Authors:Dipl.-Ing. Boyan Mihaylov | Tutors: Dr.-Ing. Ferdinand Ludwig (IGMA), Dipl.-Ing. Tobias Schwinn (ICD) | Supervision: Prof. Dr. Phil. Gerd de Bruyn (IGMA), Prof. Achim Menges (ICD)
The dynamic and transforming nature of Baubotanik structures poses a challenge that is widely uncommon for the dominating realm of static structures in architecture. Faced with the problem of predicting the development of a constantly transforming tree structure, the planner needs to apply a suitable method that deals with the building as a continuous process rather than as a finalized object. An attempt to synthesize such a method in a coherent, structured planning tool was made during a studio project in the summer semester of 2013 at the University of Stuttgart. In it, specific principles relevant to growth and biomass distribution, which were already identified during previous research (Ludwig, 2012), were analyzed and interpreted as algorithmic logic and interconnected within a digital simulation tool. This tool was tested for validity on several typical cases, as well as on a large-scale architectural design proposal, in order to demonstrate its applicability for more complex design problems.
Whilst the majority of computer-aided tools in architecture are limited to predicting the development of a structure only up to its fabrication and assembly process, the aim of the Baubotanik-tool is to approximately describe the structure’s development beyond its initial setup. The global form and the topological network of tree segments can be strategically defined by the designer according to specific programmatic or structural requirements, after which the tool could be applied to predict qualitative outcomes from the structure’s growth, both in girth and in foliage. Thus, a potential design option could be tested in advance for critical parts or regions, that are bound to die or dominate over others as a result of their topological position or due to crown competition. An essential part of the developmental process of Baubotanik structures is the merging (inosculation/grafting) of mechanically connected tree individuals into a single living organism. Focusing on a relatively accurate girth growth prediction and a rather qualitative prediction of the crown development, the tool is primarily suited for providing relevant information for structural analysis such as the diameter of load-bearing segments in the tree structure. Secondarily, it could provide useful information about shading through foliage. It can also be used to simulate future outcomes in the case of unexpected or manipulated scenarios – for example, after a sudden damage of a tree segment or during a localized correction through crown-trimming. Following a straightforward mathematical model rather than complex agent-based systems, it is aimed at a more quantifiable prediction of the developing dimensions of the tree compound.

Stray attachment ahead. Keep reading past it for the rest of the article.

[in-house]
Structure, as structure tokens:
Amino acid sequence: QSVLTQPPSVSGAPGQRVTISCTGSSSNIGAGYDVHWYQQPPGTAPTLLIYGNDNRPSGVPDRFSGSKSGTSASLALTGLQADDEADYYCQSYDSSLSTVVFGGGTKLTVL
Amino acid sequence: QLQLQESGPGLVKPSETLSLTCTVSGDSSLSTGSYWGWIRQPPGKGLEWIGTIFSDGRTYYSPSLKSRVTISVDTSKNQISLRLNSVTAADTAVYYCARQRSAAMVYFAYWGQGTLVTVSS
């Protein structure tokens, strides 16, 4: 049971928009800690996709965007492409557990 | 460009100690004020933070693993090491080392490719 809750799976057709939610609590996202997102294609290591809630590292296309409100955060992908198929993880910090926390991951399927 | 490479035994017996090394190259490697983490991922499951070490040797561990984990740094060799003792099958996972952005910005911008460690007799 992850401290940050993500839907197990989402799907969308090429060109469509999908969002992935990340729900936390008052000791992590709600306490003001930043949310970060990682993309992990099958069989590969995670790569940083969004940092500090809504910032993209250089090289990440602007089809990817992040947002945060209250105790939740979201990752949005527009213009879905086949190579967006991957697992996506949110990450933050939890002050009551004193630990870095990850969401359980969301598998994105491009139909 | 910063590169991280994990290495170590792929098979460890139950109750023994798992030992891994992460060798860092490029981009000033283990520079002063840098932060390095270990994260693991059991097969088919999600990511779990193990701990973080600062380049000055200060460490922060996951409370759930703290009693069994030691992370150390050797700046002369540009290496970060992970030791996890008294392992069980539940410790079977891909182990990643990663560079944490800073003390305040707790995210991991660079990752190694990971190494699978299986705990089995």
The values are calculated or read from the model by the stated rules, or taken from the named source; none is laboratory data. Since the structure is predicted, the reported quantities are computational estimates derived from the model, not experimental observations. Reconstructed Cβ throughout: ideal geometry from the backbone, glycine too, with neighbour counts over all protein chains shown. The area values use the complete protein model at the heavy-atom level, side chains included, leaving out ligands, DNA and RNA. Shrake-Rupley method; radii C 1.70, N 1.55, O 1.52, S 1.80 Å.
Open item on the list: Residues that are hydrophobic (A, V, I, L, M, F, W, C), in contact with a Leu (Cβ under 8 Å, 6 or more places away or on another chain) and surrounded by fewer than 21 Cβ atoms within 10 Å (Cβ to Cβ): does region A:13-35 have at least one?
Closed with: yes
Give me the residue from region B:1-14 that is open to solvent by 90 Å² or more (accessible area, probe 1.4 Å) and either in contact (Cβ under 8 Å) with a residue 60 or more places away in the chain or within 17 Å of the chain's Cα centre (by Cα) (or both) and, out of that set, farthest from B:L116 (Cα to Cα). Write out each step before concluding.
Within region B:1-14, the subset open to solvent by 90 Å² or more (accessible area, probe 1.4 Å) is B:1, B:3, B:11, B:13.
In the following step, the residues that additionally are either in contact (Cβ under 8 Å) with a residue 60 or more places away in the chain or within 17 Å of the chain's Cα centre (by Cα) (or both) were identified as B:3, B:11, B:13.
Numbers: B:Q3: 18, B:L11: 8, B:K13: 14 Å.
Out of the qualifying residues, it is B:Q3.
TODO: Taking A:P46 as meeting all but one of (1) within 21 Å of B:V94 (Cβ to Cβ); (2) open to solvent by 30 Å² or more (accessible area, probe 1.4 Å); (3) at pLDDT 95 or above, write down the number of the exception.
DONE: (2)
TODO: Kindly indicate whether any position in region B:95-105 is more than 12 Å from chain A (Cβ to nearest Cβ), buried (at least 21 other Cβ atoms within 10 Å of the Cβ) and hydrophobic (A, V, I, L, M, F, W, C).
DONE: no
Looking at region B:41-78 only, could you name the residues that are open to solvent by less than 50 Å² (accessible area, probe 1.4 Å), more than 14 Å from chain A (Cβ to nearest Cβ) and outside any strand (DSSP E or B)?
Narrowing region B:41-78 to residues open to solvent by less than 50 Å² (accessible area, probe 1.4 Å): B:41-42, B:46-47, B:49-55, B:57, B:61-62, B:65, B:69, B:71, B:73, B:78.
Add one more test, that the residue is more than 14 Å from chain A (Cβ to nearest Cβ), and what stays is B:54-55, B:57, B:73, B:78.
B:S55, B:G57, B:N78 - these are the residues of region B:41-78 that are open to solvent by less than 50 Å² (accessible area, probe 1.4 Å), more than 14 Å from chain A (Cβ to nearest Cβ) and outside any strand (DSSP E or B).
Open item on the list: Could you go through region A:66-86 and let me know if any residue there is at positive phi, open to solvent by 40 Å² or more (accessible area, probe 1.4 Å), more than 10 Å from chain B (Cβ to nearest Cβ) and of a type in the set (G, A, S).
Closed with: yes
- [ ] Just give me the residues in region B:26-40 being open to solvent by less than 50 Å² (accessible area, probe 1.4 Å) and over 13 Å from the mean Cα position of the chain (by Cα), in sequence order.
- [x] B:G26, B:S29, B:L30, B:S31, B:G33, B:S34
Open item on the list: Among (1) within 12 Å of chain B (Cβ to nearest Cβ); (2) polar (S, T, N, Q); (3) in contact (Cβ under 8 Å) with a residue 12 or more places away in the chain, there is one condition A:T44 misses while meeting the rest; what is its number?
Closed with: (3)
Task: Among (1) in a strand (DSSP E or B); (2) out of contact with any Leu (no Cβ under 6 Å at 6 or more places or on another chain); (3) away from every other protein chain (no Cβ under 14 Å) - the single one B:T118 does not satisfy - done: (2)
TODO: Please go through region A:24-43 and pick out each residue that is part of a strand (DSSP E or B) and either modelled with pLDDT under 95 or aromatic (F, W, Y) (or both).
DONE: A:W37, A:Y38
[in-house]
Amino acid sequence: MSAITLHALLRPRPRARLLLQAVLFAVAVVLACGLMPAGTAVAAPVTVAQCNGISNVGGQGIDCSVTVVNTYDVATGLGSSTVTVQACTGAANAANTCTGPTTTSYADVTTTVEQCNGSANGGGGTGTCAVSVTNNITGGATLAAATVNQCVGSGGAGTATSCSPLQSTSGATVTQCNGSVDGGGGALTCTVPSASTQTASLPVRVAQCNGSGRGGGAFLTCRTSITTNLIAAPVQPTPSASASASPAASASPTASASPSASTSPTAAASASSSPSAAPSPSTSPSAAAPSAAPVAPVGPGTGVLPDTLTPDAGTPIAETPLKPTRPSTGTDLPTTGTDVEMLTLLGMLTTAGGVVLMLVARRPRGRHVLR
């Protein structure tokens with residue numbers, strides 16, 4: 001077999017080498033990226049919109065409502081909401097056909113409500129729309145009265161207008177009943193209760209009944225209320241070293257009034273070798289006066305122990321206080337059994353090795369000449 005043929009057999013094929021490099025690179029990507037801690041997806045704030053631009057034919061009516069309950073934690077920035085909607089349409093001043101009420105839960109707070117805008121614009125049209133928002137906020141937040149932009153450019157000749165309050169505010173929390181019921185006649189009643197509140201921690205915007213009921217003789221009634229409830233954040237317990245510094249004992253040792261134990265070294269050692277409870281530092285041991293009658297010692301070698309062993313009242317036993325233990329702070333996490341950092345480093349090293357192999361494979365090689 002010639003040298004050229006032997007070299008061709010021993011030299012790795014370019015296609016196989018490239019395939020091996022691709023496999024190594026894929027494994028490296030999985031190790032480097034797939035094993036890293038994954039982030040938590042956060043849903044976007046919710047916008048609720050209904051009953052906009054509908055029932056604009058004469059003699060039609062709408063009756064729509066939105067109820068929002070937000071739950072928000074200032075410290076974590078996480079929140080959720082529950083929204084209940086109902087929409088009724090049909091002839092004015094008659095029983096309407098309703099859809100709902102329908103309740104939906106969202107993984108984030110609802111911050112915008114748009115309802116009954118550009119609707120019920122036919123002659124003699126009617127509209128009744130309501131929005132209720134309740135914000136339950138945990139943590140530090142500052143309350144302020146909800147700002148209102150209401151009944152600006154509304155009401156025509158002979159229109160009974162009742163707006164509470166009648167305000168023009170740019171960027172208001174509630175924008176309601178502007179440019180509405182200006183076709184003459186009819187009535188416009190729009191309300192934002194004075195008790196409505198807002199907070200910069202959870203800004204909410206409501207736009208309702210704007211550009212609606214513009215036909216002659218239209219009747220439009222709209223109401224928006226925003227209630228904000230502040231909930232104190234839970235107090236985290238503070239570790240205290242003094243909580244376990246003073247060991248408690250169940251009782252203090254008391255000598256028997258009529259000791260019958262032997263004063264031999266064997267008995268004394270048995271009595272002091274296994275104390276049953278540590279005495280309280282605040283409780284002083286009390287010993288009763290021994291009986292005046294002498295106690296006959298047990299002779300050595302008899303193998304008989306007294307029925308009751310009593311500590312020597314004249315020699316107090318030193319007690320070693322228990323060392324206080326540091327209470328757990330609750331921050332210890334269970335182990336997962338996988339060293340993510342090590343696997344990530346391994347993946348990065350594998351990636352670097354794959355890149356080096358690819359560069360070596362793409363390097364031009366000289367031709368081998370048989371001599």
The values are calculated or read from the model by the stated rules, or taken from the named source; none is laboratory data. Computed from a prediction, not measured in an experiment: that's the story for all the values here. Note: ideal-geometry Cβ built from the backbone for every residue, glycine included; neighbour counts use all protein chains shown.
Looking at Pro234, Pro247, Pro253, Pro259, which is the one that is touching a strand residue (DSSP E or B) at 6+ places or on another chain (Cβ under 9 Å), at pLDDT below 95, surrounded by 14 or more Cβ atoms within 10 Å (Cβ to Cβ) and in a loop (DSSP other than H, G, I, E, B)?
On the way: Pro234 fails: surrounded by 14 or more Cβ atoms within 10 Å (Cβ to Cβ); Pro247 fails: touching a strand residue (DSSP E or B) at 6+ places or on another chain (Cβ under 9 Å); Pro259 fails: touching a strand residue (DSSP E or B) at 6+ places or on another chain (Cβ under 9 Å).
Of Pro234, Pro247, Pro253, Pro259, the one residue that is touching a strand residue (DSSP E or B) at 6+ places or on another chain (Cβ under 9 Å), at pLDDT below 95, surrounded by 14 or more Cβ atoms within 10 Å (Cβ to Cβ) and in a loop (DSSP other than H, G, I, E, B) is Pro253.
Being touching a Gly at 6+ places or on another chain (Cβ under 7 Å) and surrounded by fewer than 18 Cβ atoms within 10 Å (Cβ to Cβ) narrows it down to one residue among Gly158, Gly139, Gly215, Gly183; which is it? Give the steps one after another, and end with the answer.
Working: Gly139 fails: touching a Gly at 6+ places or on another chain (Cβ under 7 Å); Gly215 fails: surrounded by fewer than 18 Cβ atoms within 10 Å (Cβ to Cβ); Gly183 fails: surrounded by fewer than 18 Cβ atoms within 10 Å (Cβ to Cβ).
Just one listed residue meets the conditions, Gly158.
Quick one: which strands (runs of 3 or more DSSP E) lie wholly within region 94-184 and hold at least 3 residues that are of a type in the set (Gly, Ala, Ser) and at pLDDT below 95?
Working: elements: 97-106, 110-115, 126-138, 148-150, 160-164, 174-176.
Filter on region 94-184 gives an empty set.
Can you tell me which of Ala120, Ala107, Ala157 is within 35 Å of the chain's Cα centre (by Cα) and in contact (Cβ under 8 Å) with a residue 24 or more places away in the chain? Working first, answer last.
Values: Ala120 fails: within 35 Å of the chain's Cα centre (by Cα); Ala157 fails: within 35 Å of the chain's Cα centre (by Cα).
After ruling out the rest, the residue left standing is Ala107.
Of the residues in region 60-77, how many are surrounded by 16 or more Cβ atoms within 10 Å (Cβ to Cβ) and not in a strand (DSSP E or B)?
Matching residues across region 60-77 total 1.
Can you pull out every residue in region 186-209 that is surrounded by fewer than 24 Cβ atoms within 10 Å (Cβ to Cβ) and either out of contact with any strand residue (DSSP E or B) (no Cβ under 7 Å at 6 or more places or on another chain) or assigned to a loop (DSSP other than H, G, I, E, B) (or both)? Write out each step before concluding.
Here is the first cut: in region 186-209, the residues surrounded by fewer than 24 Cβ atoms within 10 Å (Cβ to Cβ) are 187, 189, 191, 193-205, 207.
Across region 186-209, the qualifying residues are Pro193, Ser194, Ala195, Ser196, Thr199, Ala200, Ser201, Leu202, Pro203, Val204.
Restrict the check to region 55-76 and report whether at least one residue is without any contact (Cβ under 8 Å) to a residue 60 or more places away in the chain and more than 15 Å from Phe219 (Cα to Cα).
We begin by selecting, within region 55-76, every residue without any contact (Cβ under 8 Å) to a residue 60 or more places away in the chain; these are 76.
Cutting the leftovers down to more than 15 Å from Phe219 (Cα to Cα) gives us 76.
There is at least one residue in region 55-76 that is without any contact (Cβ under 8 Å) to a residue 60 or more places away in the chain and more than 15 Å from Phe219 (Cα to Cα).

The process consists of several steps: Firstly, the initial geometric setup has to be defined and initial values for the segment cross-sections and the crown radii need to be set. Then, using an expanded version of the Resistance Model and the Pipe-Model, commonly used to illustrate the water transport in trees, an iterative process begins. It alternately calculates the currents via the nodal and loop equations derived from electromechanics and updates the crown sizes, calculating the survived volume after the spatial competition between the neighbors. After running the algorithm for a predefined number of steps, the absolute time for the development can be estimated by considering the produced biomass throughout the overall growth process.